Your healthcare provider may tell you not to eat or drink after midnight the night before the procedure. You may get medicine to help you relax during the injection. You should arrange to have someone drive you home afterward. Your provider may give you other instructions about how to prepare.
Ask your healthcare provider about what to expect. Your exact procedure may differ. But general steps for a ganglion impar block are the following:
- You will lie down on your stomach on a procedure table.
- You may get medicine to help you relax (sedation). But you will likely remain awake during the procedure.
- During the procedure, your heart rate, blood pressure, and oxygen level will be closely watched. You may get extra oxygen by a mask or nasal tubing.
- The area where you will have the shot will be cleaned.
- The healthcare provider will give you medicine to numb the skin around the injection area. It may burn and sting a little. But it should last only a few seconds.
- The provider will insert a needle into the area around your tailbone between your buttocks. He or she will advance the needle until it is in the area of the ganglion impar. He or she may use X-rays, CT imaging, or ultrasound to help guide the needle. The provider will inject a small amount of X-ray contrast dye through the needle to make sure it is in exactly the right spot.
- The provider will then inject medicine through the needle. He or she might use different types of medicine for different reasons. Numbing medicine may be needed to block pain. A steroid may be used to reduce inflammation. In some cases, the provider may use other medicines to temporarily damage the nerves. That stops them from sending pain signals. After having the medicine injected, you may feel a warm or burning sensation in the area.
Generally, you will be watched for 30 to 60 minutes after the procedure. Make sure someone can drive you home. You should not plan to do anything strenuous or anything that calls for your full attention for the rest of the day.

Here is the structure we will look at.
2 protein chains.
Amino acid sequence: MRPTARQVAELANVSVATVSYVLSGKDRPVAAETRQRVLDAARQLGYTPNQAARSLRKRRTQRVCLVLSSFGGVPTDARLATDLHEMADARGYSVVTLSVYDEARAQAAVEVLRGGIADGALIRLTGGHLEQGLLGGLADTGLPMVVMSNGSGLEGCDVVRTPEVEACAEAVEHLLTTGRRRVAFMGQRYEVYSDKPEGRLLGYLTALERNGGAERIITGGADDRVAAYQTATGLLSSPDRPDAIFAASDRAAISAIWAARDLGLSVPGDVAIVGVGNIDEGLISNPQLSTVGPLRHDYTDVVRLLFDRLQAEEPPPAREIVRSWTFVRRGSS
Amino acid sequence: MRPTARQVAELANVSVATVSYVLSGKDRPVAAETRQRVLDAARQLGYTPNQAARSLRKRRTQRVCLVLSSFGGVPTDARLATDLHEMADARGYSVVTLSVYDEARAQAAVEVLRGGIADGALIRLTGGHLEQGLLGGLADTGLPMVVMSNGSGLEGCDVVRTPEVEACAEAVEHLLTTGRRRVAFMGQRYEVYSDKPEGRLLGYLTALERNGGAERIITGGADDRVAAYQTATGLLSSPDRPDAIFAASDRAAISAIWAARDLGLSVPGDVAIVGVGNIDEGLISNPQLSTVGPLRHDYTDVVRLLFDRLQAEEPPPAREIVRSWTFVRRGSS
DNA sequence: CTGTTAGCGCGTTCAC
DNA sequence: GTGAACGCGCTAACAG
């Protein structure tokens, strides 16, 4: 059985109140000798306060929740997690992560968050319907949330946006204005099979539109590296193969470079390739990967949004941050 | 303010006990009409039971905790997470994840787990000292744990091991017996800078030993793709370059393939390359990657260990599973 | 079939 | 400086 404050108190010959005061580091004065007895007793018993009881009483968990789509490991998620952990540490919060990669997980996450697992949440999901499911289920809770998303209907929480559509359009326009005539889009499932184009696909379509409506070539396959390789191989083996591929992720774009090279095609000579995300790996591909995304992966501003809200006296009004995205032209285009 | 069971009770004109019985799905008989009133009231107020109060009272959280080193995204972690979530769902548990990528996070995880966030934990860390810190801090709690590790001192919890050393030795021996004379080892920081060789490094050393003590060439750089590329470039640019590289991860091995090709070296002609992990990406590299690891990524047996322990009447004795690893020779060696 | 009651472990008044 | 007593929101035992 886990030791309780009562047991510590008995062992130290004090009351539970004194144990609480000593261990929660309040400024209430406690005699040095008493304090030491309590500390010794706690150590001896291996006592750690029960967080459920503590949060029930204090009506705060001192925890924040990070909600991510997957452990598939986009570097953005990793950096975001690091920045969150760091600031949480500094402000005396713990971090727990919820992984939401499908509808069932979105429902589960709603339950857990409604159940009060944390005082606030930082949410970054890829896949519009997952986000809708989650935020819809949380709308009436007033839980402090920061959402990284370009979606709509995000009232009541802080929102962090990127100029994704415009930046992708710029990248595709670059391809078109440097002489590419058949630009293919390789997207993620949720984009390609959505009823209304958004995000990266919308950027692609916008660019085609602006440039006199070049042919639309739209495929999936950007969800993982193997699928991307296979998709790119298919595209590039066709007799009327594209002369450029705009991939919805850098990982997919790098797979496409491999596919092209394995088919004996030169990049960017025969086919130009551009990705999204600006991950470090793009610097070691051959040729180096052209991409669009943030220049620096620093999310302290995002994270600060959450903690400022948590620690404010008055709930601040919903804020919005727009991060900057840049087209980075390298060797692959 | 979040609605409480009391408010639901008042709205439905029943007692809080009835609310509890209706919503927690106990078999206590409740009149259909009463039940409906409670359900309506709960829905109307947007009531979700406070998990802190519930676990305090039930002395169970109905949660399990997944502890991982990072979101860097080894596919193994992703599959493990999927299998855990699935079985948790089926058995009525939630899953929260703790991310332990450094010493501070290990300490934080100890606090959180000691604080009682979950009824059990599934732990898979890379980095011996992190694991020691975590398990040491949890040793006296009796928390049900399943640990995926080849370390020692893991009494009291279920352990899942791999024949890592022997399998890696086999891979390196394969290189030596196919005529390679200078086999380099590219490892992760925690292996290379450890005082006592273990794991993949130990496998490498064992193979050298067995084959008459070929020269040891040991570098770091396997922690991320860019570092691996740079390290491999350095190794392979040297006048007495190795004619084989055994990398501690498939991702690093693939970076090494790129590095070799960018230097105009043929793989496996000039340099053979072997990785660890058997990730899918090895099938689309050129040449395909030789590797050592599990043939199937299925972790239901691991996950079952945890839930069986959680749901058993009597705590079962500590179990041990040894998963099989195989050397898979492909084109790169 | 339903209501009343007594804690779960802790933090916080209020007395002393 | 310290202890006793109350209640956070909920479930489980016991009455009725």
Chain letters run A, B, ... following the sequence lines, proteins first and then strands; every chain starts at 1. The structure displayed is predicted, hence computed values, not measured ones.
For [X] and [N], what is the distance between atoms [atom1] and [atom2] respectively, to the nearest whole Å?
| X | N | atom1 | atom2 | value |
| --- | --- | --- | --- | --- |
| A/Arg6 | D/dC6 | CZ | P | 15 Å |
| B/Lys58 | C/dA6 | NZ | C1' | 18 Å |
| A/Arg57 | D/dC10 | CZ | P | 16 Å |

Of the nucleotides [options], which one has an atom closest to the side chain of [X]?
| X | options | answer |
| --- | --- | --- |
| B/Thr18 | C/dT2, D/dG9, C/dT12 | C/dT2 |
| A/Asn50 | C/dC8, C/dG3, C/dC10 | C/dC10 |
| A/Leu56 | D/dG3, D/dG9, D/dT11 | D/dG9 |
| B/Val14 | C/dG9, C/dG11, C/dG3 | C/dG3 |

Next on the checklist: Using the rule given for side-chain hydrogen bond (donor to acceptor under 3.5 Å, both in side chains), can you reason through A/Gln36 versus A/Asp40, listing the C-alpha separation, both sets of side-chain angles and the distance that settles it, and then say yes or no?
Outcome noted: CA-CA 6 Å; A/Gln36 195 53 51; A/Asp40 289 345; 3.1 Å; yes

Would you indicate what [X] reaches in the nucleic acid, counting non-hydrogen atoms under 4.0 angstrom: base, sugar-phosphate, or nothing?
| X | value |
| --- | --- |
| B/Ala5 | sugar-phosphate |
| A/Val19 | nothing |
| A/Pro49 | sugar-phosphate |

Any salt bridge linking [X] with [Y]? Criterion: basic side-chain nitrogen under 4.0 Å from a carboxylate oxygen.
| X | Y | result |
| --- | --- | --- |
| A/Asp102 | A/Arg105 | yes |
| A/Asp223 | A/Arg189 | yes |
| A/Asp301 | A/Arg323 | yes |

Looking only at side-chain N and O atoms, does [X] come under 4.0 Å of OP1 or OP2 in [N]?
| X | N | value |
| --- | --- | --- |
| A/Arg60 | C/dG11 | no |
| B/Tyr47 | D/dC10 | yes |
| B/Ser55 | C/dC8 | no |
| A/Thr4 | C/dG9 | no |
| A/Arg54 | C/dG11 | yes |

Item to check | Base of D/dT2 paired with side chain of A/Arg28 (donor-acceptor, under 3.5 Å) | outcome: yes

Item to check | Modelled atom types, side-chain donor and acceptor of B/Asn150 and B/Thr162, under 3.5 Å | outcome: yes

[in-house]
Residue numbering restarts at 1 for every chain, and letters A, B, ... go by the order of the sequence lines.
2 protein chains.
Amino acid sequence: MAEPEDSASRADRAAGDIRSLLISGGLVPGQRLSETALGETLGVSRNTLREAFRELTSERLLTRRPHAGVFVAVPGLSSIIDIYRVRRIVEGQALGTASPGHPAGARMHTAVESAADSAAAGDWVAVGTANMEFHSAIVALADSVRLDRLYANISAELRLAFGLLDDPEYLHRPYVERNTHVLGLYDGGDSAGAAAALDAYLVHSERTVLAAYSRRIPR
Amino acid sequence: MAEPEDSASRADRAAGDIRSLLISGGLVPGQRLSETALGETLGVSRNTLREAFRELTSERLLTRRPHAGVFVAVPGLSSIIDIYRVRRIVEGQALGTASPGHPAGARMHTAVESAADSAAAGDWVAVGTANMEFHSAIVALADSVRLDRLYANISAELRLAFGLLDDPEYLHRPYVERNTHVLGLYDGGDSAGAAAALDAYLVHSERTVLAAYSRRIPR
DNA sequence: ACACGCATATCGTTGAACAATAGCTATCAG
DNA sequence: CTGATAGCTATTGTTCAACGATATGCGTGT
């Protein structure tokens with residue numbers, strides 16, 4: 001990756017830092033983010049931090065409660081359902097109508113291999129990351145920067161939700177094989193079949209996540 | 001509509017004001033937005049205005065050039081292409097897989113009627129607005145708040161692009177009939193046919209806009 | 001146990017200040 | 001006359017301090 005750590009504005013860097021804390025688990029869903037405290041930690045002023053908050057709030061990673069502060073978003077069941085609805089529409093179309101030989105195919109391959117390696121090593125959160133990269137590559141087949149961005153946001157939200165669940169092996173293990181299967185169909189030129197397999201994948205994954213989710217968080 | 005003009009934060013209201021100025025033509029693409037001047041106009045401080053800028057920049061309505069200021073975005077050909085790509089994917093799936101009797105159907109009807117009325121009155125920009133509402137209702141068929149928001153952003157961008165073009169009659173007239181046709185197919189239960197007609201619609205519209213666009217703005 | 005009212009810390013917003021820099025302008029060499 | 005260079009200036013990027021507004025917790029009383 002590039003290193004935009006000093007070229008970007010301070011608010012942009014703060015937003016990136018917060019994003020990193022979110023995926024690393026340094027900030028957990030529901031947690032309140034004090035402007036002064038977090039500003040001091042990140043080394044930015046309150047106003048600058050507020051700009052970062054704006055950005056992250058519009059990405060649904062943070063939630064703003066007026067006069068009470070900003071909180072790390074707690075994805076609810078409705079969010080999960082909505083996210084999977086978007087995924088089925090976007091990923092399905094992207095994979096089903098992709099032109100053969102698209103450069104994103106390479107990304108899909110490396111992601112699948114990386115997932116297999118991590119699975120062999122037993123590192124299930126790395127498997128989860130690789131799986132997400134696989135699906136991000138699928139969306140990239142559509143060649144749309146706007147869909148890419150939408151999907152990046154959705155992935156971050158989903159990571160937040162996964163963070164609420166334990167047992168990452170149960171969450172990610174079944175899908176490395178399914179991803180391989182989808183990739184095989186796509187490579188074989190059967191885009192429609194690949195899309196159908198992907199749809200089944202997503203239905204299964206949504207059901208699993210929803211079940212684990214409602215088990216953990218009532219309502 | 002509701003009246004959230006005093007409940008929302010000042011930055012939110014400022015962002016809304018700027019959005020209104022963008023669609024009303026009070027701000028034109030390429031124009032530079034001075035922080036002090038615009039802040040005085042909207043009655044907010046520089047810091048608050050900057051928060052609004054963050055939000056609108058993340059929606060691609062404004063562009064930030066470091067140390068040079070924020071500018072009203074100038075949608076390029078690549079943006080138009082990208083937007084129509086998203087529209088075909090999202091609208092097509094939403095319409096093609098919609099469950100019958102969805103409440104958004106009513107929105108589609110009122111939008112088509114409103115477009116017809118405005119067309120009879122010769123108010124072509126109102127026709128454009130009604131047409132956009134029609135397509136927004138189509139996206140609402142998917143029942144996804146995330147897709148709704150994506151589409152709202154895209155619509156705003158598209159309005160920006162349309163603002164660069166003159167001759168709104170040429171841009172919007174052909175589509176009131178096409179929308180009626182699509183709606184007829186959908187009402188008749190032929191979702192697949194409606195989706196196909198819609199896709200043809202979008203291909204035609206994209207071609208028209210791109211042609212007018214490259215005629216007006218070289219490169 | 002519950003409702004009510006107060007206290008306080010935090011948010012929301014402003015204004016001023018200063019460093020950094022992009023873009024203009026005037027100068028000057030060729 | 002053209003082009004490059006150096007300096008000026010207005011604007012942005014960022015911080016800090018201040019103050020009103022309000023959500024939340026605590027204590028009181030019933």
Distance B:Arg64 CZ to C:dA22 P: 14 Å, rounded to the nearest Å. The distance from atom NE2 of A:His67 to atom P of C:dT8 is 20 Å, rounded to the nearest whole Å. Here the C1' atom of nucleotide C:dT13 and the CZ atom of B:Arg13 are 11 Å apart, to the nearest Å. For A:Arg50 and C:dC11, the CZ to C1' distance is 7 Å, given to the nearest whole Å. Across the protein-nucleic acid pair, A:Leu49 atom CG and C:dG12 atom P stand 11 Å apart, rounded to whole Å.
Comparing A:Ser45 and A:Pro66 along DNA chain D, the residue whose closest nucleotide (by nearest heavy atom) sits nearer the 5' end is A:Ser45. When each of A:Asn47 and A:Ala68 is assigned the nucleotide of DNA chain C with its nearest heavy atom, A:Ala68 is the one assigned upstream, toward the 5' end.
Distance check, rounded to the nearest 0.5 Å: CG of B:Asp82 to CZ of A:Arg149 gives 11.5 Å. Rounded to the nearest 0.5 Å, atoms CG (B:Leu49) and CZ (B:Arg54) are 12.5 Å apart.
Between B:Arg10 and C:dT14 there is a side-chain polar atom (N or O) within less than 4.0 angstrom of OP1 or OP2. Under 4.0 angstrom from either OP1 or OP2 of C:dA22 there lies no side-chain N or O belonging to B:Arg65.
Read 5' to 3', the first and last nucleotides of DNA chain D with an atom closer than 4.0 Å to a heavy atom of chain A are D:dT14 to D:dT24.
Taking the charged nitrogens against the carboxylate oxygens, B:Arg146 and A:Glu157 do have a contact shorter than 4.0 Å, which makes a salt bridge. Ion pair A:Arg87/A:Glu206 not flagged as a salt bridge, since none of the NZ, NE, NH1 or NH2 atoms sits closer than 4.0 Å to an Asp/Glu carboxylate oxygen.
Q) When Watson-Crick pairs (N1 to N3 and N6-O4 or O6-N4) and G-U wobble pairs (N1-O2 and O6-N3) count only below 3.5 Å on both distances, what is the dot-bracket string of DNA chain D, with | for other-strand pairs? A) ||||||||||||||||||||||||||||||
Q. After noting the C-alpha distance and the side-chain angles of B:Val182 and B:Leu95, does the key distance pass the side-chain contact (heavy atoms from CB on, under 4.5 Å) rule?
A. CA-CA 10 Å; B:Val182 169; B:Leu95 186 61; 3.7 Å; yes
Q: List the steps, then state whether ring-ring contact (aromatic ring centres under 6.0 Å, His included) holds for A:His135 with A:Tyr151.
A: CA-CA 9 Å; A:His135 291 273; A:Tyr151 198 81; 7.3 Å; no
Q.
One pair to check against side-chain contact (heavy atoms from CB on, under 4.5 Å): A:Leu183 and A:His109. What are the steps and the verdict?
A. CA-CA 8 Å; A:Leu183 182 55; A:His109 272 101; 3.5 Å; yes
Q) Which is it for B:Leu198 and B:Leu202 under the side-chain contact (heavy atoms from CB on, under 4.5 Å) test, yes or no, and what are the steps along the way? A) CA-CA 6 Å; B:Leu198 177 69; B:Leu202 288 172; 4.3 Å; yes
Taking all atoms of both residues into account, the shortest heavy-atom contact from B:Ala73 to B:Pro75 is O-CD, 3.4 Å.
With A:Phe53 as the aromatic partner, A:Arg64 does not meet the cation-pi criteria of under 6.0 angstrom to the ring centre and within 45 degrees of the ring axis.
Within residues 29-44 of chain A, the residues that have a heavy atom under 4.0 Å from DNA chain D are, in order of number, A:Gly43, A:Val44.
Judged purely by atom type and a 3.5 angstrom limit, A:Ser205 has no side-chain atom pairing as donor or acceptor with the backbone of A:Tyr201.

Ask your healthcare provider about any activity restrictions after the procedure. You should be able to eat and drink normally. Ask if you should resume your normal medicines. Make sure to follow all your healthcare provider’s instructions for care.
It is common to have some pain at the injection site for a few days. Many people feel relief from their pain soon after the procedure. This relief might last a few hours, a few weeks, or longer depending on the medicine used.
Call your healthcare provider if you have any of these symptoms:
- Severe pain
- Weakness or numbness in the legs
- Changes in bowel or bladder function
- Signs of infection at the injection site. These include redness, swelling, and oozing.
Your healthcare provider can tell you more about what you should do and what you can expect after the ganglion impar block. You will need to see your healthcare provider to talk about the effects of the procedure and make a plan for future treatment of your pain.
Before you agree to the test or the procedure make sure you know:
- The name of the test or procedure
- The reason you are having the test or procedure
- What results to expect and what they mean
- The risks and benefits of the test or procedure
- What the possible side effects or complications are
- When and where you are to have the test or procedure
- Who will do the test or procedure and what that person’s qualifications are
- What would happen if you did not have the test or procedure
- Any alternative tests or procedures to think about
- When and how will you get the results
Who to call after the test or procedure if you have questions or problems
- How much will you have to pay for the test or procedure